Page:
Market Potential and Global Growth Over the Long Twentieth Century

52 Pages Posted: 17 Oct 2016

See all articles by David S. Jacks

David S. Jacks

Simon Fraser University (SFU) - Department of Economics; National Bureau of Economic Research (NBER)

Dennis Novy

University of Warwick - Department of Economics; Centre for Economic Policy Research (CEPR); Centre for Economic Performance (CEP); CESifo (Center for Economic Studies and Ifo Institute)

Multiple version iconThere are 3 versions of this paper

Date Written: October 2016

Abstract

We examine the evolution of market potential and its role in driving economic growth over the long twentieth century. Theoretically, we exploit a structural gravity model to derive a closed-form solution for a widely-used measure of market potential. We are thus able to express market potential as a function of directly observable and easily estimated variables. Empirically, we collect a large dataset on aggregate and bilateral trade flows as well as output for 51 countries. We find that market potential exhibits an upward trend across all regions of the world from the early 1930s and that this trend significantly deviates from the evolution of world GDP. Finally, using exogenous variation in trade-related distances to world markets, we demonstrate a significant causal role of market potential in driving global income growth over this period.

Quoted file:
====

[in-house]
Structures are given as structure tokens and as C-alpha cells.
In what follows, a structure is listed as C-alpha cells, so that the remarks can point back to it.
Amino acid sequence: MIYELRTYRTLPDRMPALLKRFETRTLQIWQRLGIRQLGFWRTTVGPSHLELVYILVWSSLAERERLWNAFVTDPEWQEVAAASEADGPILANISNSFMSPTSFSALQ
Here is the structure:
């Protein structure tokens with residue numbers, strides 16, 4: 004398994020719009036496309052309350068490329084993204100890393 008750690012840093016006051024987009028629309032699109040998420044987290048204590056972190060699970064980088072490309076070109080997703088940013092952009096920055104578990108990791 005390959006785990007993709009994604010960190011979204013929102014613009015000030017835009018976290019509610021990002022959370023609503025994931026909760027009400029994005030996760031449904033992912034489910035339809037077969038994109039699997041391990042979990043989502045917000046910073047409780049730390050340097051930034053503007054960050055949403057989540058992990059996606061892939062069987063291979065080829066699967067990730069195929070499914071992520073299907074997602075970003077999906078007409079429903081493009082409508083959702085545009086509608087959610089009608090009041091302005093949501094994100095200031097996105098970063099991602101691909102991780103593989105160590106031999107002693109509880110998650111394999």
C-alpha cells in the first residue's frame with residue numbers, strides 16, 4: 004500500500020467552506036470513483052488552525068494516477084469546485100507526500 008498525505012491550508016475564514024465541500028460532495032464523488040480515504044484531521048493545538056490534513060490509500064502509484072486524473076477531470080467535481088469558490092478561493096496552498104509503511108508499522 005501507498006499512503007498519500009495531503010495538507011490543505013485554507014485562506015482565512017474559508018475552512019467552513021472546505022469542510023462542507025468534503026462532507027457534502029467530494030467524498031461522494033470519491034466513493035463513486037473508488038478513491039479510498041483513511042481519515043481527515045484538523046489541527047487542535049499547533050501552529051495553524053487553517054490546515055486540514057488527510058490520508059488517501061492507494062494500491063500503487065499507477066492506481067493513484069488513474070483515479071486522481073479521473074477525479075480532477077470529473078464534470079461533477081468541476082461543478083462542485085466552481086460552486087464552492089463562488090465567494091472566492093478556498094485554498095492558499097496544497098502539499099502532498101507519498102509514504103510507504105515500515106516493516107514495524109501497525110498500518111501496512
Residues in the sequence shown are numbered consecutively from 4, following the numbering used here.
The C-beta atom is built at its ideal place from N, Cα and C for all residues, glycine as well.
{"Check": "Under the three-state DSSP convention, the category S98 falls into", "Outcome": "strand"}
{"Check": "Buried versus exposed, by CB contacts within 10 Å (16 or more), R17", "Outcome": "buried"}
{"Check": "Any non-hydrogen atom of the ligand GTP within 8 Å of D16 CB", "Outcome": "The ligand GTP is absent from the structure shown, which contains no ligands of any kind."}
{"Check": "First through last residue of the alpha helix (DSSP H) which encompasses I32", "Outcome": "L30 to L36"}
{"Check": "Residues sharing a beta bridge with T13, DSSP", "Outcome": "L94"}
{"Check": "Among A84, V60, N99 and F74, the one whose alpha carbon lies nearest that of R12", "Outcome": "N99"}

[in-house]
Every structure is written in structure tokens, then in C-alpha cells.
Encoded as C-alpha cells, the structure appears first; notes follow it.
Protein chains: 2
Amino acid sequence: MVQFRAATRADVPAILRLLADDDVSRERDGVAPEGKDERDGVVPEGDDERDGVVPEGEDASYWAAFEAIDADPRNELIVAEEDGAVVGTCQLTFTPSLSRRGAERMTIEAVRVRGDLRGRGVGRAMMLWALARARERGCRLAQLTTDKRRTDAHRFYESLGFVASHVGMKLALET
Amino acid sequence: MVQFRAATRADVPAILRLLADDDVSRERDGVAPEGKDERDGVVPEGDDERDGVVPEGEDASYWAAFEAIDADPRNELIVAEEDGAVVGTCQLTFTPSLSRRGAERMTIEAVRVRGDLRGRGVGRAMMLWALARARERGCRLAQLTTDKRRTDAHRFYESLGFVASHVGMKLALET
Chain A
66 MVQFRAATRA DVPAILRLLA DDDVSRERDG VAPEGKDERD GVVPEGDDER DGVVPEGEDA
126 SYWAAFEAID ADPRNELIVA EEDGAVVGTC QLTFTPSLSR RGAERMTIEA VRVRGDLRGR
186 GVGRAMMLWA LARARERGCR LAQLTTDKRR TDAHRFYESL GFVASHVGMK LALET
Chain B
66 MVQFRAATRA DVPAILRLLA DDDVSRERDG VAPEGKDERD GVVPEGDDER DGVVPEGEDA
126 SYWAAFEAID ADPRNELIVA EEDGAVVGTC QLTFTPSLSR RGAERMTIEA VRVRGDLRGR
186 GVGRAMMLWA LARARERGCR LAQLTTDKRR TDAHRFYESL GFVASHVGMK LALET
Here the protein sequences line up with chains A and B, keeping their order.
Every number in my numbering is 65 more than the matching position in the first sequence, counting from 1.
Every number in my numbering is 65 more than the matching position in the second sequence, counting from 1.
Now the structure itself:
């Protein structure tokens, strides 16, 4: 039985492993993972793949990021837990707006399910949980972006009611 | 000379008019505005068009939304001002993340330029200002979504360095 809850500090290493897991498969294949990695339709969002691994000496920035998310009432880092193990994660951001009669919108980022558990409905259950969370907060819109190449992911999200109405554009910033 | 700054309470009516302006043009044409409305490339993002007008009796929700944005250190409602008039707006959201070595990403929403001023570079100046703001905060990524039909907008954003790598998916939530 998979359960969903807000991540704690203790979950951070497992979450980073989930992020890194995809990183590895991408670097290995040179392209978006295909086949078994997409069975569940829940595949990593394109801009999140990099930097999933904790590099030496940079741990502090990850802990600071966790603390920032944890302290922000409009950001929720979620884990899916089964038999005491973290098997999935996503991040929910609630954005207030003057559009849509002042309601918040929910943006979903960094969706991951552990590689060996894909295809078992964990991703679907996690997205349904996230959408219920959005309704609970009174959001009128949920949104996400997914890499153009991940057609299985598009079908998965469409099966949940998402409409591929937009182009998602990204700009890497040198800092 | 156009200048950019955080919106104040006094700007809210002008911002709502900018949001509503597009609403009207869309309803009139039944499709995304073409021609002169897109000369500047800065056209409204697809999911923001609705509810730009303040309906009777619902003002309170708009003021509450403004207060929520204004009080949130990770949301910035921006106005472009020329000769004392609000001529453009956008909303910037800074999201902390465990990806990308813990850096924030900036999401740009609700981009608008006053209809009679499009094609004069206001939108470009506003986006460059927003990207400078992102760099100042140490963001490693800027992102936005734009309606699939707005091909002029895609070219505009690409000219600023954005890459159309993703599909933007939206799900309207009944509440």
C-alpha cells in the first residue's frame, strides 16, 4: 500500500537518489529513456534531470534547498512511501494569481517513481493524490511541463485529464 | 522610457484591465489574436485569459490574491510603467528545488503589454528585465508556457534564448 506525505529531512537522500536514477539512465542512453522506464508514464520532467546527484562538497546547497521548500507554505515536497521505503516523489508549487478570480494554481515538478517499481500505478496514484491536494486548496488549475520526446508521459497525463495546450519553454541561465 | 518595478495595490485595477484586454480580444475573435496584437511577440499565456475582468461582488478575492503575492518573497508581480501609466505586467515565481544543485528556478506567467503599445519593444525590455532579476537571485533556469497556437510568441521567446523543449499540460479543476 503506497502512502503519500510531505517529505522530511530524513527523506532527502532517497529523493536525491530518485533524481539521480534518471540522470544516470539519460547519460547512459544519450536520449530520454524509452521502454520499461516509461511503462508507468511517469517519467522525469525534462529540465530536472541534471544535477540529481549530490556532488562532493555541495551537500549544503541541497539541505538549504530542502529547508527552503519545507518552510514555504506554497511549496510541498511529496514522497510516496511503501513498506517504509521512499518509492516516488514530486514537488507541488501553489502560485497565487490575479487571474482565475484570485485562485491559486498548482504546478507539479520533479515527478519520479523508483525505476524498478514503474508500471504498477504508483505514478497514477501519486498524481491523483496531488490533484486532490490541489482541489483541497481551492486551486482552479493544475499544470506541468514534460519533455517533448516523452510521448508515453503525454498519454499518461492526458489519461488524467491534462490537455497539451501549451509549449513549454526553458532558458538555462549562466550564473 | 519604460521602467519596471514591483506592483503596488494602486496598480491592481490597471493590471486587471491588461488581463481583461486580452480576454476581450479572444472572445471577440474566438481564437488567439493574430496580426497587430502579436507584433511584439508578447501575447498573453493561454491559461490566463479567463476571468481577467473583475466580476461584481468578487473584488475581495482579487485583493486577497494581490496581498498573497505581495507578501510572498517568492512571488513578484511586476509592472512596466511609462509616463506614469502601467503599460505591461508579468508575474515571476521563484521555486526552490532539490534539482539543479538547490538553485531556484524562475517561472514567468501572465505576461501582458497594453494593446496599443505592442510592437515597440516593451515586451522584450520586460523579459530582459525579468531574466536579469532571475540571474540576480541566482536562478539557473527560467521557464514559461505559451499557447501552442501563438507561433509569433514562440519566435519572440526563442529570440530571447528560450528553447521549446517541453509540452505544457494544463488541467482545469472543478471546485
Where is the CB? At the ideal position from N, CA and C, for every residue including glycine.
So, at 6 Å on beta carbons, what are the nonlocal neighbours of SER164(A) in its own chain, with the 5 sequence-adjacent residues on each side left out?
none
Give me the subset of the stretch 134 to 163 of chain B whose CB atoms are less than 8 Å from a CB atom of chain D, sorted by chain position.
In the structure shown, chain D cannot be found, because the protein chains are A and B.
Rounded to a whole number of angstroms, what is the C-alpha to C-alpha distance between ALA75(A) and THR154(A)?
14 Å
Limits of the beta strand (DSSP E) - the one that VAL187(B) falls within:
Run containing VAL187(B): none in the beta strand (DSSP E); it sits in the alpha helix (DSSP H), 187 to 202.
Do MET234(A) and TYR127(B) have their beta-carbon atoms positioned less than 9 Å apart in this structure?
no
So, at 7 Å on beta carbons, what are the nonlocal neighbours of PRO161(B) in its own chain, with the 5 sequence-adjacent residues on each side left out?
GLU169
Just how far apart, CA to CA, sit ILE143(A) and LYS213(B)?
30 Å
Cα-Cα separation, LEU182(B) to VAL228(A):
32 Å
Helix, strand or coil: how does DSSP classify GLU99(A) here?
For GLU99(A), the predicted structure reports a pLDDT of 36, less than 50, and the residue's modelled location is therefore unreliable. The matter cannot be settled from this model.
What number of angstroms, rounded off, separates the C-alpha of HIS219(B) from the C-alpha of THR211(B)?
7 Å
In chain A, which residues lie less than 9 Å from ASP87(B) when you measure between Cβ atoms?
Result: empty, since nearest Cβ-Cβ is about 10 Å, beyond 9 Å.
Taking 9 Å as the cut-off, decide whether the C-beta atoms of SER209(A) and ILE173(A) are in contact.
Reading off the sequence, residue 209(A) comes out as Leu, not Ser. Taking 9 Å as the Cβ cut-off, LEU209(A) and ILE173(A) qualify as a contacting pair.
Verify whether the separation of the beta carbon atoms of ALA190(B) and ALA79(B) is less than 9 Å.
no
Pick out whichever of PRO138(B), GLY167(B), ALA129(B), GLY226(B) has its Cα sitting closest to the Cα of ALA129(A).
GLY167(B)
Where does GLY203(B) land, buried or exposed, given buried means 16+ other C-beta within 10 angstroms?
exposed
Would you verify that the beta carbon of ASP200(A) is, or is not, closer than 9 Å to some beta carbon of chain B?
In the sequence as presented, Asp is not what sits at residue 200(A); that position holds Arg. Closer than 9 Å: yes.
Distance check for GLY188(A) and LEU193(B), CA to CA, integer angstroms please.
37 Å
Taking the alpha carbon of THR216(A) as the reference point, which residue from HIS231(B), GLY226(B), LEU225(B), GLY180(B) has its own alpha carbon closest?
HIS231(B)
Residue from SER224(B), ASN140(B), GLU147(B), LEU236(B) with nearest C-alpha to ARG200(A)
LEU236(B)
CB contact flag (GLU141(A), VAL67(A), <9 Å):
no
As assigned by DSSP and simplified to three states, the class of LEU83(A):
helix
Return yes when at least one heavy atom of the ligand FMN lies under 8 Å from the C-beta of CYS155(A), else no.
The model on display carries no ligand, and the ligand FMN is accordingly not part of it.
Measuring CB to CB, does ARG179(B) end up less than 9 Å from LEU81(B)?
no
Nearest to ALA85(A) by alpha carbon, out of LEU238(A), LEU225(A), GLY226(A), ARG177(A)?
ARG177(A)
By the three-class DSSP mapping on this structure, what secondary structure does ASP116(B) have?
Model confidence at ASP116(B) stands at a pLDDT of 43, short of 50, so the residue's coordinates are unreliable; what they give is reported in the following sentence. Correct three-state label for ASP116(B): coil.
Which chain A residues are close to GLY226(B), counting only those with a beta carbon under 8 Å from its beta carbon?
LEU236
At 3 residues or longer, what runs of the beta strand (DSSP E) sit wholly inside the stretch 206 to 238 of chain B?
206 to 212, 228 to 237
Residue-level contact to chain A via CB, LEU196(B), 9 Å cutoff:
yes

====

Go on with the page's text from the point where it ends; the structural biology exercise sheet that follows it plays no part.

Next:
Suggested Citation

Jacks, David S. and Novy, Dennis, Market Potential and Global Growth Over the Long Twentieth Century (October 2016). NBER Working Paper No. w22736. Available at SSRN: https://ssrn.com/abstract=2853232

David S. Jacks (Contact Author)

Simon Fraser University (SFU) - Department of Economics ( email )

8888 University Drive
Burnaby, British Columbia V5A 1S6
Canada

National Bureau of Economic Research (NBER) ( email )

1050 Massachusetts Avenue
Cambridge, MA 02138
United States

Dennis Novy

University of Warwick - Department of Economics ( email )

Coventry CV4 7AL
United Kingdom
+44 (0) 2476150046 (Phone)

HOME PAGE: http://www2.warwick.ac.uk/fac/soc/economics/staff/faculty/novy/

Centre for Economic Policy Research (CEPR) ( email )

London
United Kingdom

Centre for Economic Performance (CEP) ( email )

Houghton Street
London WC2A 2AE
United Kingdom

CESifo (Center for Economic Studies and Ifo Institute)

Poschinger Str. 5
Munich, DE-81679
Germany

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